By the middle of the 19th century, Chicago had gone from being a doomed military outpost on the fringes of the American frontier to a swiftly expanding city. The daily arrivals of immigrants to the city added to the population boom. Seeing that the people needed a place to gather and enjoy the outdoors, the Lincoln Park commissioners established Lincoln Park. A public park for the citizens to gather and have picnics. To add to the beauty of the new park, the commissioners accepted a gift of two swans from the city of New York in 1868. These swans were the first animals in what would become Lincoln Park Zoo.
Thirty years earlier when Illinois incorporated Chicago in 1837, the city set apart a large piece of land for use as a burial ground. For sixteen years, 1843-1859, the land served as Chicago City Cemetery. This included family plots, a Potter’s field for the poor, as well as Jewish and Catholic cemeteries. Thousands of people’s mortal remains were buried in what would eventually become Lincoln Park. The cemetery also included hundreds of people who died from an outbreak of Cholera.
Over time more and more cholera victims were being buried in the cemetery and the people of Chicago feared an even greater outbreak of the deadly disease. They were concerned the decomposing bodies would taint the city’s only drinking water supply, Lake Michigan. Something had to be done before more people died.
The city officials heard the concern of the people and decided to move the bodies as far away from the lake as possible. Unfortunately, they had two things working against them. One, they only had a ten man crew to move thousands of bodies, an insurmountable task for such a small group of laborers. Secondly, when the great Chicago fire of 1871 nearly burned the city to the ground, the fire destroyed the grave markers in the old cemetery. The only one left was the Couch family memorial, a tomb you can still see today.
As the city struggled to rebuild, attention once again turned to the cemetery. With the destruction of the grave markers no one could venture a guess where all the bodies were buried. So, city officials decided to ignore the problem and began to rebuild the area over the graves of thousands of bodies. They were convinced no one would ever know that those bodies were never moved.
Today, the neighborhood of Lincoln Park and Lincoln Park Zoo, is a favorite of both Chicagoans and people from the suburbs. The zoo is well known worldwide for its collection of animals, it’s conservatory with hundreds of plants and flowers, and breathtaking views of the city. Nevertheless, visitors to the zoo are unaware that the zoo was built upon the graves of hundreds of people. Furthermore, they are unaware that the zoo is one of the most haunted places in the city.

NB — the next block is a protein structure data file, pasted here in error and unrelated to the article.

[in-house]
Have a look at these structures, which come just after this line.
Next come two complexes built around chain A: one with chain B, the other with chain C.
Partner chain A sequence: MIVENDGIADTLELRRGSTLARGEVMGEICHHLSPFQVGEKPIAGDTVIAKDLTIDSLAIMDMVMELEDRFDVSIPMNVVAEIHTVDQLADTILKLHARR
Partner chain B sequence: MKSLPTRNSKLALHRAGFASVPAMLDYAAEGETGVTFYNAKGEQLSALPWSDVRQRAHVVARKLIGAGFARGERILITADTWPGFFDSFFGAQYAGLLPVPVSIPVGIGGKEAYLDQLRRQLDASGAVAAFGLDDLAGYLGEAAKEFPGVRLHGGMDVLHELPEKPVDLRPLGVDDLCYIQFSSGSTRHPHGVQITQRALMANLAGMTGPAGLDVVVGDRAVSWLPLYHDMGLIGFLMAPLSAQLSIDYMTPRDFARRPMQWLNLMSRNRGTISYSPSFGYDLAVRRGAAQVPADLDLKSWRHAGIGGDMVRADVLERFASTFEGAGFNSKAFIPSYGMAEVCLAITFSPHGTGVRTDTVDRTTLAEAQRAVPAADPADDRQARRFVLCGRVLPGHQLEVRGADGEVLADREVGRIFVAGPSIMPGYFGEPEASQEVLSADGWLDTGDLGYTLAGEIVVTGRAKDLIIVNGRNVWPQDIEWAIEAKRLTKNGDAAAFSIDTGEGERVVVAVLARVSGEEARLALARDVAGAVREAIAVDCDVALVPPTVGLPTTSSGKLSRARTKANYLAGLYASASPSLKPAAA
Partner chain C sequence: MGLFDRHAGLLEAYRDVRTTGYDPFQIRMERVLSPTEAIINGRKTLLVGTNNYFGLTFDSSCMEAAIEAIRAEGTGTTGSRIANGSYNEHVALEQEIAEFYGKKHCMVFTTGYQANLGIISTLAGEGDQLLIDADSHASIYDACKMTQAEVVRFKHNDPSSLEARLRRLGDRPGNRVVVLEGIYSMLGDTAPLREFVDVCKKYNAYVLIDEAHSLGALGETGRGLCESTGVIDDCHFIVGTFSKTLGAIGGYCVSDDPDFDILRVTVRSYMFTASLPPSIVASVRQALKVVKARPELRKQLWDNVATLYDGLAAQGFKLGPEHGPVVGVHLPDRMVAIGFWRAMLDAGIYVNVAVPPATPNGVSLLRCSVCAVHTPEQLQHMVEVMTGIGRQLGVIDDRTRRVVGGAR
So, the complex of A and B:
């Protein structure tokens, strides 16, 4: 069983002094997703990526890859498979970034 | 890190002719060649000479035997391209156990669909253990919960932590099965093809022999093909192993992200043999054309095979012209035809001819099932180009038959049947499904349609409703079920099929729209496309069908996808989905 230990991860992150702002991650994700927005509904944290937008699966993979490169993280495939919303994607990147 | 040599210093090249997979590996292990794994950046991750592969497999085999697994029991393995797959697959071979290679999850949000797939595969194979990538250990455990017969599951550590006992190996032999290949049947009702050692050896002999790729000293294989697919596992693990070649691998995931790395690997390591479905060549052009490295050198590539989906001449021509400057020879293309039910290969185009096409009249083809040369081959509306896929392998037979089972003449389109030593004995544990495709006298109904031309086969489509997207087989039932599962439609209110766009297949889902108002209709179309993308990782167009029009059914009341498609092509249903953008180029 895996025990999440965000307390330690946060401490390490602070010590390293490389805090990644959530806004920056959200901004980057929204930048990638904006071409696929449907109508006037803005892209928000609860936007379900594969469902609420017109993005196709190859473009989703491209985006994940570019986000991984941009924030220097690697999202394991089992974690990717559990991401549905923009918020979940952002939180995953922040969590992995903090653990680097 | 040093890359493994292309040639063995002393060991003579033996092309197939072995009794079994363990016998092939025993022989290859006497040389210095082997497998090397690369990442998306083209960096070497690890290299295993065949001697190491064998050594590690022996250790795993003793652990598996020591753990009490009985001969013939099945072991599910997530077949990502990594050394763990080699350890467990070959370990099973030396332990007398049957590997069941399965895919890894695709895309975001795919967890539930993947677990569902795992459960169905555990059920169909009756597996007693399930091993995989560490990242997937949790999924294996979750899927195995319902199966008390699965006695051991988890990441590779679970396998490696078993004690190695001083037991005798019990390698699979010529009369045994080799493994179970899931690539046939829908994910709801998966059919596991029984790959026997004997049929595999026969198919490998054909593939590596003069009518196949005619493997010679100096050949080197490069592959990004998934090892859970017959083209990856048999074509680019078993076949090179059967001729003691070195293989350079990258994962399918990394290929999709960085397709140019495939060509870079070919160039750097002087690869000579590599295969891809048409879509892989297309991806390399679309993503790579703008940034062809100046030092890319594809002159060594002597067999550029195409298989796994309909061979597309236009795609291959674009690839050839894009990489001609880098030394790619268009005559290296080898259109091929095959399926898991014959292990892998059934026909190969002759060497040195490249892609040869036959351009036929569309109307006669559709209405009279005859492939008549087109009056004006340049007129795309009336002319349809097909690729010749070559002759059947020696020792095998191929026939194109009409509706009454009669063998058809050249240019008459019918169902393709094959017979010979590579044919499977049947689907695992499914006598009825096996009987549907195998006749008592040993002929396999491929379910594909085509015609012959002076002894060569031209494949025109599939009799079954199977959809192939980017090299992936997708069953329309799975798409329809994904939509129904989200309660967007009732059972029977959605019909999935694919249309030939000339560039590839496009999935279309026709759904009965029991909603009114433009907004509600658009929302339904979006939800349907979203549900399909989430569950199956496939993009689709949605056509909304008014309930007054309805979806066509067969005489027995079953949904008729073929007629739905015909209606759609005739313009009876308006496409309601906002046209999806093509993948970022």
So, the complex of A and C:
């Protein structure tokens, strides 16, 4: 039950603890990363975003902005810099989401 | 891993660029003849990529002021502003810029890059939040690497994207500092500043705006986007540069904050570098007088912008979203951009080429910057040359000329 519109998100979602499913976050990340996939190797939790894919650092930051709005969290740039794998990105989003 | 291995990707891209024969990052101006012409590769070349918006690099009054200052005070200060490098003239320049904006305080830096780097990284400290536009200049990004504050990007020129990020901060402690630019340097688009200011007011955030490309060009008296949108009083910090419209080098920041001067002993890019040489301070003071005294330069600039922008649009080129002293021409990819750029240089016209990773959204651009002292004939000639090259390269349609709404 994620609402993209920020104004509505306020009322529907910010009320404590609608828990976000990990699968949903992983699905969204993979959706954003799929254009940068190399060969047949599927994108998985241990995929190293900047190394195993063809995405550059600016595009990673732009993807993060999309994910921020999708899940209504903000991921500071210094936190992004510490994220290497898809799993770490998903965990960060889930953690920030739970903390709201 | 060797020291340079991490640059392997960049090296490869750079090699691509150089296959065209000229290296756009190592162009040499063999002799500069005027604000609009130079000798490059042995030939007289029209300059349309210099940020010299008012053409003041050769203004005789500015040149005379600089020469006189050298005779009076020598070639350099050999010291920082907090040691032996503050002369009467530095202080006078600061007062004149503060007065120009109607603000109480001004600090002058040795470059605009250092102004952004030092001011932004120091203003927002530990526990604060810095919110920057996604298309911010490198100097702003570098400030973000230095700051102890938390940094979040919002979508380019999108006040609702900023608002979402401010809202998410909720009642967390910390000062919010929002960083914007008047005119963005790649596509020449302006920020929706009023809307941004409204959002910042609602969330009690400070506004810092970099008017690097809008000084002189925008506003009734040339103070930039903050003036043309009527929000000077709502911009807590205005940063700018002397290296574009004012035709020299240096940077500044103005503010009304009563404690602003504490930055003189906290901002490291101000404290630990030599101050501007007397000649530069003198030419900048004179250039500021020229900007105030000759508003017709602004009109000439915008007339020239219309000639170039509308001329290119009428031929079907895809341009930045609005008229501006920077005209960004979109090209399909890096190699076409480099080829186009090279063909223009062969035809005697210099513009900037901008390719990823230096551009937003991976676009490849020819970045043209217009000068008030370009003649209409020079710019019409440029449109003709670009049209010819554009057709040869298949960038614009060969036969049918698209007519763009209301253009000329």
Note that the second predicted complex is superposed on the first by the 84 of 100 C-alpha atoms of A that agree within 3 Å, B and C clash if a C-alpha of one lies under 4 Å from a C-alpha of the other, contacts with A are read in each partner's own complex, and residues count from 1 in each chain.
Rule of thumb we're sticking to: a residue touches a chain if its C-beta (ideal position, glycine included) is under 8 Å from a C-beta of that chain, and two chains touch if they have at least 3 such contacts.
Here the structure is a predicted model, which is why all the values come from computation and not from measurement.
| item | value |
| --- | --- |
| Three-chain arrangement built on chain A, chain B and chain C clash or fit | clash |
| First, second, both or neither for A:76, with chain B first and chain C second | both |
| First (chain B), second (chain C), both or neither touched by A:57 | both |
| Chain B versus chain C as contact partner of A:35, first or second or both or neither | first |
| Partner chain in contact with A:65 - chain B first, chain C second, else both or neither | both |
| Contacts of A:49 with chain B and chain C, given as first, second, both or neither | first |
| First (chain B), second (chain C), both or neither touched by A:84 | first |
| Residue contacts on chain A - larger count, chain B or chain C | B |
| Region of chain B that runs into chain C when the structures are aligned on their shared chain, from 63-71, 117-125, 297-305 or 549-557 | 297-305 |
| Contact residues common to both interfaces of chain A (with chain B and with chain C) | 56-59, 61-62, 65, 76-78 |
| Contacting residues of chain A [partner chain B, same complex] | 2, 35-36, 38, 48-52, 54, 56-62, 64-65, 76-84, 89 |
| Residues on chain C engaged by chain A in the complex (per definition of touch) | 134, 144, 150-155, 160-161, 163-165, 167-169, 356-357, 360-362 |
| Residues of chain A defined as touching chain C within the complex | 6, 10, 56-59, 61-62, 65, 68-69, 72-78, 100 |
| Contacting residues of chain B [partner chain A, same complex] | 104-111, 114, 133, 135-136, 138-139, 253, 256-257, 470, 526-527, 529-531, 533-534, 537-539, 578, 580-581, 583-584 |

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Over the years, there have been several reports of people encountering ghosts throughout the zoo. Both staff and guests have witnessed apparitions dressed in attire from the 19th century wandering around. Several eyewitnesses have watched as these apparitions suddenly appear and then fade away.
One of these ghosts, a woman in a period dress, is seen near the lion house by the main entrance. People who have witnessed the mysterious woman have commented that she appears to be completely oblivious of her surroundings. She has also been seen in the women’s restroom in the lion house. Many female visitors have fled the restroom upon seeing the reflection of the ghost in the mirror.
At night, after all the crowds go home and the animals settle down, the dead take over the zoo. Lights in empty buildings are known to flicker on and off and doors inexplicably slam when no one is around.
It would also seem that the ghosts are not shy in making their presence known. EVPs with mysterious voices have been recorded, along with pictures of strange fogs, unexplained lights and even full bodied apparitions. As a haunted location, Lincoln Park Zoo does not disappoint the paranormal enthusiast.
It’s commonly accepted the ghosts encountered at the zoo are the long dead souls of the people still buried under the park. However, there just may be another explanation for the hauntings. In 1894, a sightseeing bridge was constructed 40 feet over a lagoon. During its history, it’s believed that 50-100 people ended their lives by jumping from the bridge. The suicides became such a nuisance, the bridge was closed in 1919. It is possible some of these ghosts are the souls of the people who committed the desperate act of leaping to their deaths a century ago.
Chicago’s Lincoln Park Zoo is open daily and takes in tens of thousands of visitors each year. At night tours are given exploring the paranormal history of the zoo, as well as Lincoln Park’s past as a cemetery. Lincoln Park Zoo is a favorite of every Chicagoan, living and dead.
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